As well as for SIBus messages, the Database is also used for the Failed Event Manager and the Message Logger mediation primitive.
Note: other built-in functions of WebSphere ESB use the Database, such as event sequencing and the Proxy Gateway Business Space widget, but are not discussed in detail in this article.
|Connectivity to an external database, including Record and Replay
IBM Integration Bus does not require a database to operate, and as a result no database entitlement is supplied with the product.
Full connectivity is provided to an external database of your choosing, and efficient features are provided out of the box for for storing audit data in a database. See the Storing Data for Audit and Error Handling section for details.
| 4) Support / Web cluster
Some ancillary services in WebSphere ESB are hosted in a separate cluster, including the Business Space powered by WebSphere Web 2.0 administration interface, and processing for the Common Event Infrastructure (CEI).
| Web Administration
IBM Integration Bus Web 2.0 administration interface is built into the Integration Node, and no additional infrastructure is required. See the Web administration section for details.
For customers emitting events from WebSphere ESB to external business monitoring solutions via CEI, see SupportPac IA9V.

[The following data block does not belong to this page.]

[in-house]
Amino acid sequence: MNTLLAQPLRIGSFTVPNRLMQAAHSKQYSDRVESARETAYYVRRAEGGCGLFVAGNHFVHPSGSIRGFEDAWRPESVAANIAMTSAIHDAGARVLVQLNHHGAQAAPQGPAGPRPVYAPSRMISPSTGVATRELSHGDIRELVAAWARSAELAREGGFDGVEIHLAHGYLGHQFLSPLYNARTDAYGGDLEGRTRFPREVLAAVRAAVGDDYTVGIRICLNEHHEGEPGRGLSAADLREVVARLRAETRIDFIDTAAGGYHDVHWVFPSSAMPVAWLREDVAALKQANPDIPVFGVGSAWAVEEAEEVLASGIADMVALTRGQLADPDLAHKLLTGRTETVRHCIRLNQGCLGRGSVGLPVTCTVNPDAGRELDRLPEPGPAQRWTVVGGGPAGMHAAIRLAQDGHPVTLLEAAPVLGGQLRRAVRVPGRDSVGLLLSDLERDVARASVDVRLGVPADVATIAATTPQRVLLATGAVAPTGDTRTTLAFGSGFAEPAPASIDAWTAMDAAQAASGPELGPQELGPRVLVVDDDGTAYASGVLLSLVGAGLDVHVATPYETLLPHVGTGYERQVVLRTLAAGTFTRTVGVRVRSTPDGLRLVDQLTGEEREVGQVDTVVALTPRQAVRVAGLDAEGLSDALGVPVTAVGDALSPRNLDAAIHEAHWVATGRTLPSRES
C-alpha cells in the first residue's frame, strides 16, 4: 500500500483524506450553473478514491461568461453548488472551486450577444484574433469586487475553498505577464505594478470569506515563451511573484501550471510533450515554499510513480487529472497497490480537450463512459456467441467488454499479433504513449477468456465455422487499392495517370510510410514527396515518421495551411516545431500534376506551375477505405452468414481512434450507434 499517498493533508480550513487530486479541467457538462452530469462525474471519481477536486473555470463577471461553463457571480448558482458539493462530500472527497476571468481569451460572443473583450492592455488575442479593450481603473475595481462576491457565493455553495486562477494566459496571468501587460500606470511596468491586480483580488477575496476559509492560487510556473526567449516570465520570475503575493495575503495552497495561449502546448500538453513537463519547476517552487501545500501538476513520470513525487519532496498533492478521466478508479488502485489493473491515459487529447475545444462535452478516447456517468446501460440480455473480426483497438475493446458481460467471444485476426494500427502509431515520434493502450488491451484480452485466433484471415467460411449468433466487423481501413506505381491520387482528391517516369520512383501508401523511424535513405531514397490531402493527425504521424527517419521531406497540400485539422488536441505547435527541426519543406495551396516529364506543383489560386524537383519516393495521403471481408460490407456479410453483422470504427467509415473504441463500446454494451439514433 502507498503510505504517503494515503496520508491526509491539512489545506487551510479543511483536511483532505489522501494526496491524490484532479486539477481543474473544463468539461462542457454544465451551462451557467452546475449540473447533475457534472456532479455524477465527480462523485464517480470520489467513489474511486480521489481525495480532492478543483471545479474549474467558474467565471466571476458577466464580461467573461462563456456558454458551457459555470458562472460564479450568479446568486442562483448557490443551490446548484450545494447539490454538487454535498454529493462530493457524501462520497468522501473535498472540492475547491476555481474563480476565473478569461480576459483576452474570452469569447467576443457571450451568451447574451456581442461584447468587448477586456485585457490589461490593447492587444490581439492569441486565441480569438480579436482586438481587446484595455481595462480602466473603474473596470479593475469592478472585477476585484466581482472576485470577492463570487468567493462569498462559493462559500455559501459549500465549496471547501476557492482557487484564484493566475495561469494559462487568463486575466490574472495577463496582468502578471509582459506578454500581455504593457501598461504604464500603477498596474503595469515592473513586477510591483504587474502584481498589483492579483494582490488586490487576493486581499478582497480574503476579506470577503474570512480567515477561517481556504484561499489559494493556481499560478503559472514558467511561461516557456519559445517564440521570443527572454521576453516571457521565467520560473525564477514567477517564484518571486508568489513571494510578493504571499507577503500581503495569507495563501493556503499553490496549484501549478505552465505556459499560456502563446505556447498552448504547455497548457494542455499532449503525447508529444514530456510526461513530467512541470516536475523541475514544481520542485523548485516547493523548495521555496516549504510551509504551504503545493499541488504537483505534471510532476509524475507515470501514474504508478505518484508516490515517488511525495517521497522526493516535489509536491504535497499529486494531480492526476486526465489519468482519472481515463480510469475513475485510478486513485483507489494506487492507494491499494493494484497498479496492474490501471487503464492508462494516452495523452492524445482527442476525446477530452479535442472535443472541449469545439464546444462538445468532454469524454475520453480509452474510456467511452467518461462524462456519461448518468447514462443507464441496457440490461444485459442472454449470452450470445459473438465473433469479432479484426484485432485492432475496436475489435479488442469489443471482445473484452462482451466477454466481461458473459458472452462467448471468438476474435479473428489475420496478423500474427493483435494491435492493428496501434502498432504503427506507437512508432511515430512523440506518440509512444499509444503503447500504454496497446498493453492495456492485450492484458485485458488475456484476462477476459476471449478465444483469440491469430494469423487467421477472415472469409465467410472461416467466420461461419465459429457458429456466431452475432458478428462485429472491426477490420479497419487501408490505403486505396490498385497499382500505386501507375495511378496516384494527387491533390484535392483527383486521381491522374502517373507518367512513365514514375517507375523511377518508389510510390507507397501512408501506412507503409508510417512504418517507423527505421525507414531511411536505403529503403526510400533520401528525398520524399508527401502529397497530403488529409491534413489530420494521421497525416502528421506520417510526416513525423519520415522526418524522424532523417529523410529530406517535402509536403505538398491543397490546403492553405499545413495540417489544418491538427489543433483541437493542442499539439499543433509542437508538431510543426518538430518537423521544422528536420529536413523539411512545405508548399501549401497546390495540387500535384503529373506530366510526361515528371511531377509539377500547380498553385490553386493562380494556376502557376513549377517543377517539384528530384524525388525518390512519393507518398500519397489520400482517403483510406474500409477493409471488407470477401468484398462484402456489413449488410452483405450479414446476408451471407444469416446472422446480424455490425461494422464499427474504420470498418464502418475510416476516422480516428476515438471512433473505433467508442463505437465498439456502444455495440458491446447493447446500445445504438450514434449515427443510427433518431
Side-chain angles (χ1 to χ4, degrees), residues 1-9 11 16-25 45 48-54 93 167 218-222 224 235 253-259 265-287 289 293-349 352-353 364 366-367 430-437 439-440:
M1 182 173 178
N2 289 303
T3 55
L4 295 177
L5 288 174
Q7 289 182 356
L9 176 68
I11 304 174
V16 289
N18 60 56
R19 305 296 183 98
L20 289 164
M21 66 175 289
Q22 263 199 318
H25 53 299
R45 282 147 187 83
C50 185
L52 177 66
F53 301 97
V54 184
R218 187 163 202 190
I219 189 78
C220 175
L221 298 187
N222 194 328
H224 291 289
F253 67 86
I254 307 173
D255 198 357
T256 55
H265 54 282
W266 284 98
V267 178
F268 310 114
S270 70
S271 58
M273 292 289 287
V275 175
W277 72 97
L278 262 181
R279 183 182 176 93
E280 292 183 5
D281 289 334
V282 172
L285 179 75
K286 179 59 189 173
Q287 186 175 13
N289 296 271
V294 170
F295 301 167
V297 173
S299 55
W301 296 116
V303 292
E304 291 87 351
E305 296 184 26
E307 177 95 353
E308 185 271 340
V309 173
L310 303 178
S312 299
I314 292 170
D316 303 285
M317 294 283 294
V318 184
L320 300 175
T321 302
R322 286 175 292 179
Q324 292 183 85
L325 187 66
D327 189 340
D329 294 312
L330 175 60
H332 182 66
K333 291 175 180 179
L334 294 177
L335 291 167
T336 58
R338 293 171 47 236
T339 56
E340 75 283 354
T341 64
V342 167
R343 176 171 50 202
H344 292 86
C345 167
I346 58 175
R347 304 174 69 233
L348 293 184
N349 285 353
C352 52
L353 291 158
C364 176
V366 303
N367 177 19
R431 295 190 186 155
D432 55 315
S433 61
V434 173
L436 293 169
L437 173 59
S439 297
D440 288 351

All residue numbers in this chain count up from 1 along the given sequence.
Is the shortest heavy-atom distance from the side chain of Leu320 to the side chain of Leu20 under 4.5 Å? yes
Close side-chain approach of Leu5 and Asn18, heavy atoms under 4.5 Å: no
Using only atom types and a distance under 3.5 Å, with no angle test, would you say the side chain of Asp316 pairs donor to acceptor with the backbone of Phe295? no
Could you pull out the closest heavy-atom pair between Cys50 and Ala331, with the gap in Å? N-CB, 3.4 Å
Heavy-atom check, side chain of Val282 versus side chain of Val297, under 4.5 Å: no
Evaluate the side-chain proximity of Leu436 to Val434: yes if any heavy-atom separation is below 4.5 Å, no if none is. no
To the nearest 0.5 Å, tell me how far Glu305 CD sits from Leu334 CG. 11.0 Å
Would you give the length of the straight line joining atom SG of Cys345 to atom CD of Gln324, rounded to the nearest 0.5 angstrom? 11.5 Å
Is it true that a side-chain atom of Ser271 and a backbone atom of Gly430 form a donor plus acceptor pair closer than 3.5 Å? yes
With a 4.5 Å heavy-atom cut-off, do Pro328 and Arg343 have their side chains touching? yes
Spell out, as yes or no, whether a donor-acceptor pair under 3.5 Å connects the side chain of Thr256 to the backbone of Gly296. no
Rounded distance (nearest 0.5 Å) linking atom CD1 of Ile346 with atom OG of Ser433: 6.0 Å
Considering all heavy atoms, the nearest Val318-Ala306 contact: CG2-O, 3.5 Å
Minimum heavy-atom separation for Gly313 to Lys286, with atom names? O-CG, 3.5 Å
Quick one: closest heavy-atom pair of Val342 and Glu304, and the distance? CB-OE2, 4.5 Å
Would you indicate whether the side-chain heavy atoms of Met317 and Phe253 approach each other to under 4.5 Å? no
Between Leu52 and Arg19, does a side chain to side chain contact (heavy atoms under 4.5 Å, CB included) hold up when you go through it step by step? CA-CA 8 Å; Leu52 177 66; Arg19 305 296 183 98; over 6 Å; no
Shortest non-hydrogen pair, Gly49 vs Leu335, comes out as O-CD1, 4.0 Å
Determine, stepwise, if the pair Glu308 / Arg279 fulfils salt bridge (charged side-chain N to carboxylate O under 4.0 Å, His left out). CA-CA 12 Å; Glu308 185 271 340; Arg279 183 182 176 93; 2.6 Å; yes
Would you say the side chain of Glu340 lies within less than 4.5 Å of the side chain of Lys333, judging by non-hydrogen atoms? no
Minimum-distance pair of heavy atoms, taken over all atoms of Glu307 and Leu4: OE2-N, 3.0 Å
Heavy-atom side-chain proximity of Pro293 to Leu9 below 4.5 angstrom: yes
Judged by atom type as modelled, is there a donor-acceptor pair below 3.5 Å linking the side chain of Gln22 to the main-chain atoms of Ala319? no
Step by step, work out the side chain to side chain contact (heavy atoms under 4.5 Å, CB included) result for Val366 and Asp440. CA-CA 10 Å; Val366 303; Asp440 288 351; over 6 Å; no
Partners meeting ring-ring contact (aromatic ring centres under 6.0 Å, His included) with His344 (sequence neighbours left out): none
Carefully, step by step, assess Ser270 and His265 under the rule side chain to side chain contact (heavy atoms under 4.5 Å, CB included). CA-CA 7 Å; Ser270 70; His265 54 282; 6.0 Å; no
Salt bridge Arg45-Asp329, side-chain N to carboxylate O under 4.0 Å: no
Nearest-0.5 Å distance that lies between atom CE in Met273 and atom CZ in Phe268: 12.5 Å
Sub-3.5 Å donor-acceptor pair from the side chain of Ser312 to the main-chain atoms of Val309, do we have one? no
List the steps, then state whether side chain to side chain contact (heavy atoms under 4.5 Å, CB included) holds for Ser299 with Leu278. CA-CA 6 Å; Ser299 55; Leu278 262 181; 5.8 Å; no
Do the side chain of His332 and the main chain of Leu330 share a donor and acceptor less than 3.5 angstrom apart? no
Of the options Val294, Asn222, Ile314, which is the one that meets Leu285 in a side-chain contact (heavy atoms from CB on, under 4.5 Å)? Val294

| 5) HTTP Server
This optional layer is used to hide complexity when there are multiple AppTarget clusters, to redirect traffic in the case that one server in a cluster is down, as a simple reverse proxy layer, and as part of the workload management strategy for the cluster.
| Built-in HTTP routing, and support for an external HTTP Server
Routing from a single HTTP endpoint to multiple active runtimes is performed within the IBM Integration Node. As a result no entitlement to a HTTP Server is supplied with the product.
Use of an external HTTP Server, including IBM HTTP Server, is supported by IBM Integration Bus. See the Hosting both technologies on the same infrastructure section for an example of how use IBM HTTP Server to build a unified URL scheme for WebSphere ESB and IBM Integration Bus.
| 6) DataPower / Gateway / Load Balancer tier
There is almost always a physical appliance / IP sprayer / IBM WebSphere Edge Components layer in front to workload balance traffic across the machines.
This is generally present even if there is a HTTP Server layer, as there is usually one HTTP Server per machine for high availability reasons.
Including IBM WebSphere DataPower as part of this layer to make it gateway, rather than just a load balancer, adds SOA policy enforcement, security processing and XML threat protection for SOA interfaces exposed across Enterprise boundaries.
| DataPower / Gateway / Load Balancer tier
The majority of WebSphere ESB customers using a WebSphere DataPower gateway or load balancer will see no change to this tier of their architecture as a result of converting to IBM Integration Bus. No entitlement for WebSphere Edge Components is supplied with the IBM Integration Bus product.
IBM Integration Bus also has full support for TCP/IP workloads, such as ISO8583, in addition to HTTP workloads. Use of a load balancing tier is also common for inbound TCP/IP workloads.